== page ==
The number of the extremely poor is on the rise in Latin America. Last Minute WORLD headlines and events


According to the report “Social Prospects in Latin America and the Caribbean”, by the end of the year, the number of extremely poor people in the region with incomes below $67 a month is expected to reach 82 million.

According to a report prepared by the United Nations Economic Commission for Latin America and the Caribbean (ECLAC), the number of the poor in the region of about 650 million people is expected to reach 201 million by the end of the year, and the number of extremely poor to 82 million, with an increase of 0.2 percent. Projected levels mark a 25-year decline in the fight against extreme poverty.

The number of poor people with incomes below $143 per month, which ECLAC takes as the poverty line for Latin America, is 15 million compared to the pre-pandemic period; The number of extremely poor earning less than $67 a month has increased by 12 million.

“Continued external shocks, the economic downturn, weak employment recovery and rising inflation are exacerbating and prolonging the social crisis in Latin America and the Caribbean,” said Commission Chairman José Salazar.

Children, women, indigenous people and blacks are more affected by impoverishment in the region than some segments of society, according to the study. 21.2 percent of the extremely poor live in rural areas; 20.4% failed to complete primary school; Most of the poor and unemployed between the ages of 20 and 59 are women; 18% of young people and children under 18 are extremely poor, and 45.5% are poor.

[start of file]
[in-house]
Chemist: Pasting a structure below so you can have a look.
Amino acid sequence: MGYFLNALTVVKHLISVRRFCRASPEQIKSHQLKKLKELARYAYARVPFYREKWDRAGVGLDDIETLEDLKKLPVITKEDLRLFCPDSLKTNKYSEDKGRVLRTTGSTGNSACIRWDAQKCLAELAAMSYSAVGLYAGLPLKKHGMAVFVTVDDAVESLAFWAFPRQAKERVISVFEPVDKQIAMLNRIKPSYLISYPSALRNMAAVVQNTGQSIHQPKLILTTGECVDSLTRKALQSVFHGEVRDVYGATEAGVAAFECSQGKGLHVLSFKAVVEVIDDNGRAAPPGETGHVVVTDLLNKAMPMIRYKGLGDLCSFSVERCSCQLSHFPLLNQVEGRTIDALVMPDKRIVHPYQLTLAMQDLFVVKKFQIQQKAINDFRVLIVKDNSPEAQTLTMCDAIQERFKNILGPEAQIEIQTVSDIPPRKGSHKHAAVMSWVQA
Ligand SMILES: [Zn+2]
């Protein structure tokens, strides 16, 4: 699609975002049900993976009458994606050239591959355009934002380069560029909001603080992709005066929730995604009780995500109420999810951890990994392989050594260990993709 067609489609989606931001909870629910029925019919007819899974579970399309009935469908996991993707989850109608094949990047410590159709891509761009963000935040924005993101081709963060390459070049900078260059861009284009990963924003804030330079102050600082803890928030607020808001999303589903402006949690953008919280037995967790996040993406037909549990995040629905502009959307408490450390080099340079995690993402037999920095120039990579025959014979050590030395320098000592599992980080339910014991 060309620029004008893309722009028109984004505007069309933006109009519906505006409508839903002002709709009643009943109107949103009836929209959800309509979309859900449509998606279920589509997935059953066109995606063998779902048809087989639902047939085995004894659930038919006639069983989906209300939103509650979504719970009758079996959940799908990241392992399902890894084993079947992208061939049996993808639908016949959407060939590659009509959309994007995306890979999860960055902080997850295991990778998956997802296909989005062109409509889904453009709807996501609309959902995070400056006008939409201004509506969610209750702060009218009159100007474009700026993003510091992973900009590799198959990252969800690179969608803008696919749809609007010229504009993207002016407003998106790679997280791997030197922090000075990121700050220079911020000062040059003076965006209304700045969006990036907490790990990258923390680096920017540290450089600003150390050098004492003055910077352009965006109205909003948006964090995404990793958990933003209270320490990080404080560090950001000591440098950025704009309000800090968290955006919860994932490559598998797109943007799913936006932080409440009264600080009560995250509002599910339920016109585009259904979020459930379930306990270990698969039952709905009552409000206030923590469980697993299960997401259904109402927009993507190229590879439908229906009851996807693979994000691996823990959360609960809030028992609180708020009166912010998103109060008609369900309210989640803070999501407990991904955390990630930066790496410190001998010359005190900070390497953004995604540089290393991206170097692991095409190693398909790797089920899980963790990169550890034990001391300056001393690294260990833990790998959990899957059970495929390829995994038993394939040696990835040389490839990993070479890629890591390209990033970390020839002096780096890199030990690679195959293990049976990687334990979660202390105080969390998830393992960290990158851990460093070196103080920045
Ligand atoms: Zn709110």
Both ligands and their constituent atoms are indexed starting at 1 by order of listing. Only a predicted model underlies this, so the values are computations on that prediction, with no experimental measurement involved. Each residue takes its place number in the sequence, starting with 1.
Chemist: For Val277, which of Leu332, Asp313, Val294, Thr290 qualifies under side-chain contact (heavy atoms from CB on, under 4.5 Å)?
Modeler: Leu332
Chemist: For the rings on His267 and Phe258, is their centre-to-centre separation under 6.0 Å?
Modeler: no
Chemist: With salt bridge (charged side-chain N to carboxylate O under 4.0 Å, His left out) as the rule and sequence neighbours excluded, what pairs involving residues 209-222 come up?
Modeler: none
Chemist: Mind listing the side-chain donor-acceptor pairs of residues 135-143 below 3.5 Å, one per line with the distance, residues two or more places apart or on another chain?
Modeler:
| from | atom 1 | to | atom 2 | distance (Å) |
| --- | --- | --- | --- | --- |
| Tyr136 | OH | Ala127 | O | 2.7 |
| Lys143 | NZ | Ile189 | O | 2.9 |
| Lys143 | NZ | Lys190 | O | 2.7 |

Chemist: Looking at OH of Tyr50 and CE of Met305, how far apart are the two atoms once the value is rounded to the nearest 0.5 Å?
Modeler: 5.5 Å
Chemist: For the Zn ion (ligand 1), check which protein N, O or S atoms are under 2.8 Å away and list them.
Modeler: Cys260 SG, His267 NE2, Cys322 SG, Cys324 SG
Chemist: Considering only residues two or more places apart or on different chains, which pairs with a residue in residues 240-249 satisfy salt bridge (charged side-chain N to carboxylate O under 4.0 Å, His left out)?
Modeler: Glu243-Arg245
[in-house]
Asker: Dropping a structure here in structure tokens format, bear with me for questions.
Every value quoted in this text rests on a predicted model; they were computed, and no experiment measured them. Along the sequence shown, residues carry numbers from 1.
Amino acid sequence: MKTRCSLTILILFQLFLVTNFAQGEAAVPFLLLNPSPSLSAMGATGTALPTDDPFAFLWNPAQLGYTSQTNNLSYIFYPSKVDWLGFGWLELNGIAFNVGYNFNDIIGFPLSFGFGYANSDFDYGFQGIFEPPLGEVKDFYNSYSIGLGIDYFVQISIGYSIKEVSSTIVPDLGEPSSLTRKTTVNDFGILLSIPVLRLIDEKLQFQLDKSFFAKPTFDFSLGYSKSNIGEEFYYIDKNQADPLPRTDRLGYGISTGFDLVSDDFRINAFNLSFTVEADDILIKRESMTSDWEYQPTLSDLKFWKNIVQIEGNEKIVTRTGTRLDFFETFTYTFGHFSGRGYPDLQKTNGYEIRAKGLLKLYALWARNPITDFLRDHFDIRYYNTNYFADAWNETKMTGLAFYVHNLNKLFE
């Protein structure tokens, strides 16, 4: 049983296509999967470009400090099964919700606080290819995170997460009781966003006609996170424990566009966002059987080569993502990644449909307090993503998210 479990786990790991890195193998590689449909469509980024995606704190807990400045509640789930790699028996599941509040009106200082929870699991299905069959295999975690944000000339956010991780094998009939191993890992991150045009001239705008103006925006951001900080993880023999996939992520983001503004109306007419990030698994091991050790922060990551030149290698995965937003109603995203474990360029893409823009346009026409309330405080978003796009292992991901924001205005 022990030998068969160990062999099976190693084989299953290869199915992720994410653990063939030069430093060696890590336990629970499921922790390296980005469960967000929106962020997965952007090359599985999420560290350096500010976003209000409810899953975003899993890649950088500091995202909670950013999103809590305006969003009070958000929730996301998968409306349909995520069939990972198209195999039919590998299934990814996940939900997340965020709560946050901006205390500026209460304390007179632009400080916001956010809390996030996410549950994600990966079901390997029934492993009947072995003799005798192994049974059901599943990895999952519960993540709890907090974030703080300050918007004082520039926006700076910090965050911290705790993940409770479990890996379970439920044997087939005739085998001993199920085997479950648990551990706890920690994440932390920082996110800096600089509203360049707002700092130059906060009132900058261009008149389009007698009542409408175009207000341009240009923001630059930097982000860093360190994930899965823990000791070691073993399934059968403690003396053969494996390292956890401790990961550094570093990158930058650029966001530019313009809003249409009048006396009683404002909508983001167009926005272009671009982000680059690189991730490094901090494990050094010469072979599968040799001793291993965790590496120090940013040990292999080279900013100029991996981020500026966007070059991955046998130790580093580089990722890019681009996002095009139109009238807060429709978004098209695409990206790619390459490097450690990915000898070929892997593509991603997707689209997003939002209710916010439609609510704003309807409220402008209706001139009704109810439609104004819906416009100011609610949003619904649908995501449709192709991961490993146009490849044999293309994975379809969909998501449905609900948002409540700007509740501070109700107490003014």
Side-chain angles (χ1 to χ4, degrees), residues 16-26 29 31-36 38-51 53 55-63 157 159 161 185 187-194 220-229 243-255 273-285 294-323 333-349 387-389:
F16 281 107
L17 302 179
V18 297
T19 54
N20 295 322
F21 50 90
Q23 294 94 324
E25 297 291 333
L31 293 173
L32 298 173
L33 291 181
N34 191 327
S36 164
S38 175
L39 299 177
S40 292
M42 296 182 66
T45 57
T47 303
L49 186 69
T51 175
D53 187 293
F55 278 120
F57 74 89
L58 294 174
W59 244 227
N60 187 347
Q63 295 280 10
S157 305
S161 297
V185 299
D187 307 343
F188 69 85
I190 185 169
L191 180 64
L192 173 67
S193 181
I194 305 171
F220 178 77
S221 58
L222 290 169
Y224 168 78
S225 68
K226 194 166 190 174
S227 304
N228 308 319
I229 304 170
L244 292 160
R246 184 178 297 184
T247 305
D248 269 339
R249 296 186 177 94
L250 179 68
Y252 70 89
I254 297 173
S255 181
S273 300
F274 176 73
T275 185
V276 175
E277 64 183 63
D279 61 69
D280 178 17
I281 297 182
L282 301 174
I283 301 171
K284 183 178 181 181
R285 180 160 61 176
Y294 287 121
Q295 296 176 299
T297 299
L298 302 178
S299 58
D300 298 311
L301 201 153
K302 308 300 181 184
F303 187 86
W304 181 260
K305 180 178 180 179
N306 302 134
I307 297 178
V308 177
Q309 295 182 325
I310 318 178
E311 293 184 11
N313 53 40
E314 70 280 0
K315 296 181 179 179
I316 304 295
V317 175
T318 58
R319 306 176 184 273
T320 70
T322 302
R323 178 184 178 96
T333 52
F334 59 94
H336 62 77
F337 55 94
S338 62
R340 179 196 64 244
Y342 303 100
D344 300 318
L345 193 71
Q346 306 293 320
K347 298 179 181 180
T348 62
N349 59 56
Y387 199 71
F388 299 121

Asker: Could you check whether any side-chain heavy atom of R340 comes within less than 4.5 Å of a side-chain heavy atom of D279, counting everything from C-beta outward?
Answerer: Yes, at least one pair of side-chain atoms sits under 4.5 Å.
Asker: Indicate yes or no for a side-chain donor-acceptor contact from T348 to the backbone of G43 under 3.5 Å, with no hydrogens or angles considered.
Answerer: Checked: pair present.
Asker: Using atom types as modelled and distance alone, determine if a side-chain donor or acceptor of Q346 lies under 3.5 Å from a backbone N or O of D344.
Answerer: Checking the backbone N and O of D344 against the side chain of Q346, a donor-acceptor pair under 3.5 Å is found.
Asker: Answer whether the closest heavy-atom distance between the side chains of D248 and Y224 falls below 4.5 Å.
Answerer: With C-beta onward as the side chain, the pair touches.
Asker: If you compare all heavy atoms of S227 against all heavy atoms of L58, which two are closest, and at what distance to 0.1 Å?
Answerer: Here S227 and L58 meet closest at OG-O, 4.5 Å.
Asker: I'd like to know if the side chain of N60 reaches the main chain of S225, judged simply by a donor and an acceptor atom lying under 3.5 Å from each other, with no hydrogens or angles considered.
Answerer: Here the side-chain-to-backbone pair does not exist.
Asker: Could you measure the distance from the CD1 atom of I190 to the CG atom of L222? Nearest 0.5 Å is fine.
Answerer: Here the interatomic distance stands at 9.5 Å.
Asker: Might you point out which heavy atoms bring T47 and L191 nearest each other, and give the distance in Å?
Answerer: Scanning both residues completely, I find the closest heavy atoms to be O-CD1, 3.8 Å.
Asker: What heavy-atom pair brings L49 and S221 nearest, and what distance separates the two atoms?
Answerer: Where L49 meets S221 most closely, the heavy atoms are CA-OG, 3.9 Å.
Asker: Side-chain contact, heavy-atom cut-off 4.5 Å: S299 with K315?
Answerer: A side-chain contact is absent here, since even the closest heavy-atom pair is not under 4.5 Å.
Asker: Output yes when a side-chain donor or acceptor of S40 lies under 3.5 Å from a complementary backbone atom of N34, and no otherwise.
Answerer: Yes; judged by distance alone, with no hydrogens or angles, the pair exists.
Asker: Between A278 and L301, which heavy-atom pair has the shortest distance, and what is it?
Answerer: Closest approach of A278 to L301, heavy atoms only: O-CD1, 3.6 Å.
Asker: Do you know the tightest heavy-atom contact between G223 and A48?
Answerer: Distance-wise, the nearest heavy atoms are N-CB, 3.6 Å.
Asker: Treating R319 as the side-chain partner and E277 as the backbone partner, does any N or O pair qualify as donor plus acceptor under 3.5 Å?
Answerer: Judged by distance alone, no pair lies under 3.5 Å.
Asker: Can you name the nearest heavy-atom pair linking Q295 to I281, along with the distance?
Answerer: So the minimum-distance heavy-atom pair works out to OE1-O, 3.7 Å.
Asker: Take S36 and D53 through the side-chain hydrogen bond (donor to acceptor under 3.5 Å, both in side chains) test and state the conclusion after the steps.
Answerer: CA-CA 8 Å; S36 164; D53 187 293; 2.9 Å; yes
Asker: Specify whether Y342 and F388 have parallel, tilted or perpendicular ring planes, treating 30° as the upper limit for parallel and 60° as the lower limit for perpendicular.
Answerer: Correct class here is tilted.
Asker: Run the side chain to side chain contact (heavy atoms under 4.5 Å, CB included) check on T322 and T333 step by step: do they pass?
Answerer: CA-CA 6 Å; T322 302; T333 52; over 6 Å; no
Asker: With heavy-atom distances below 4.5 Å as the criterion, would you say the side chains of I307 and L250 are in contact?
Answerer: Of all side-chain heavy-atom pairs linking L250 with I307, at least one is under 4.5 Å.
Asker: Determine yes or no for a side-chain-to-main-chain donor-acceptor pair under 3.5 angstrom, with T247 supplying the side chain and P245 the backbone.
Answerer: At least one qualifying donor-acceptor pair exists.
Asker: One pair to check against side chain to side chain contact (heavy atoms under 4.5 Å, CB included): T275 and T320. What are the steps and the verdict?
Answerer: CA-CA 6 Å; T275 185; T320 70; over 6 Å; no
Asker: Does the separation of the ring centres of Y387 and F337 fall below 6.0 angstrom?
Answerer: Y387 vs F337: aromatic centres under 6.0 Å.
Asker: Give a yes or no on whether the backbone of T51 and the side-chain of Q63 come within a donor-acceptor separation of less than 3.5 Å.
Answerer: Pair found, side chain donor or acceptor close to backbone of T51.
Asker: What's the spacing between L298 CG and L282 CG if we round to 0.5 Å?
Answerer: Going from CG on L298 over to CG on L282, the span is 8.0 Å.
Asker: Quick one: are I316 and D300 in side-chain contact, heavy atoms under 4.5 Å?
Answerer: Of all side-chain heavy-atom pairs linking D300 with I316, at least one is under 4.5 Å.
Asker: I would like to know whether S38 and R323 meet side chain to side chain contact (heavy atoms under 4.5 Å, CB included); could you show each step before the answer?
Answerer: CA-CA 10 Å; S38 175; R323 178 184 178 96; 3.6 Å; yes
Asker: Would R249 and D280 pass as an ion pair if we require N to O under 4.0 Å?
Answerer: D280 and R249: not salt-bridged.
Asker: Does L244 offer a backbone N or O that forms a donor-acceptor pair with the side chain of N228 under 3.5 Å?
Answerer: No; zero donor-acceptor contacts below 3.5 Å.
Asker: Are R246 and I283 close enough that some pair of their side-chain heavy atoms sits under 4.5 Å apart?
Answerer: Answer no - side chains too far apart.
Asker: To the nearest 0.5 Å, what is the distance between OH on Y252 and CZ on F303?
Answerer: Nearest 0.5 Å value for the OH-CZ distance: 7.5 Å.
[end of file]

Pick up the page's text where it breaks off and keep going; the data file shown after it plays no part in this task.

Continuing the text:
The report states that if during the pandemic process in the world education is interrupted for an average of 41 weeks, then in Latin America this period has reached 70 weeks.

It is noted that access to education has become difficult for many children, especially those from poor households, due to reasons such as lack of access to the Internet or computers, lack of conditions for studying, and the number of young people over the age of 18. and 24 people who are not working or studying have increased since the pandemic.

The UNICEF study also shows that many poor children who had to drop out of school during the pandemic are unable to return to their classrooms.

ECLAC’s growth forecast for Latin America is 3.2 percent compared to 1.4 percent next year. Noting that social discontent in the region will increase next year, the International Monetary Fund (IMF) also announced its growth forecast for next year at 1.7 percent. The World Bank also forecasts that growth in the region will slow to 1.6 percent.

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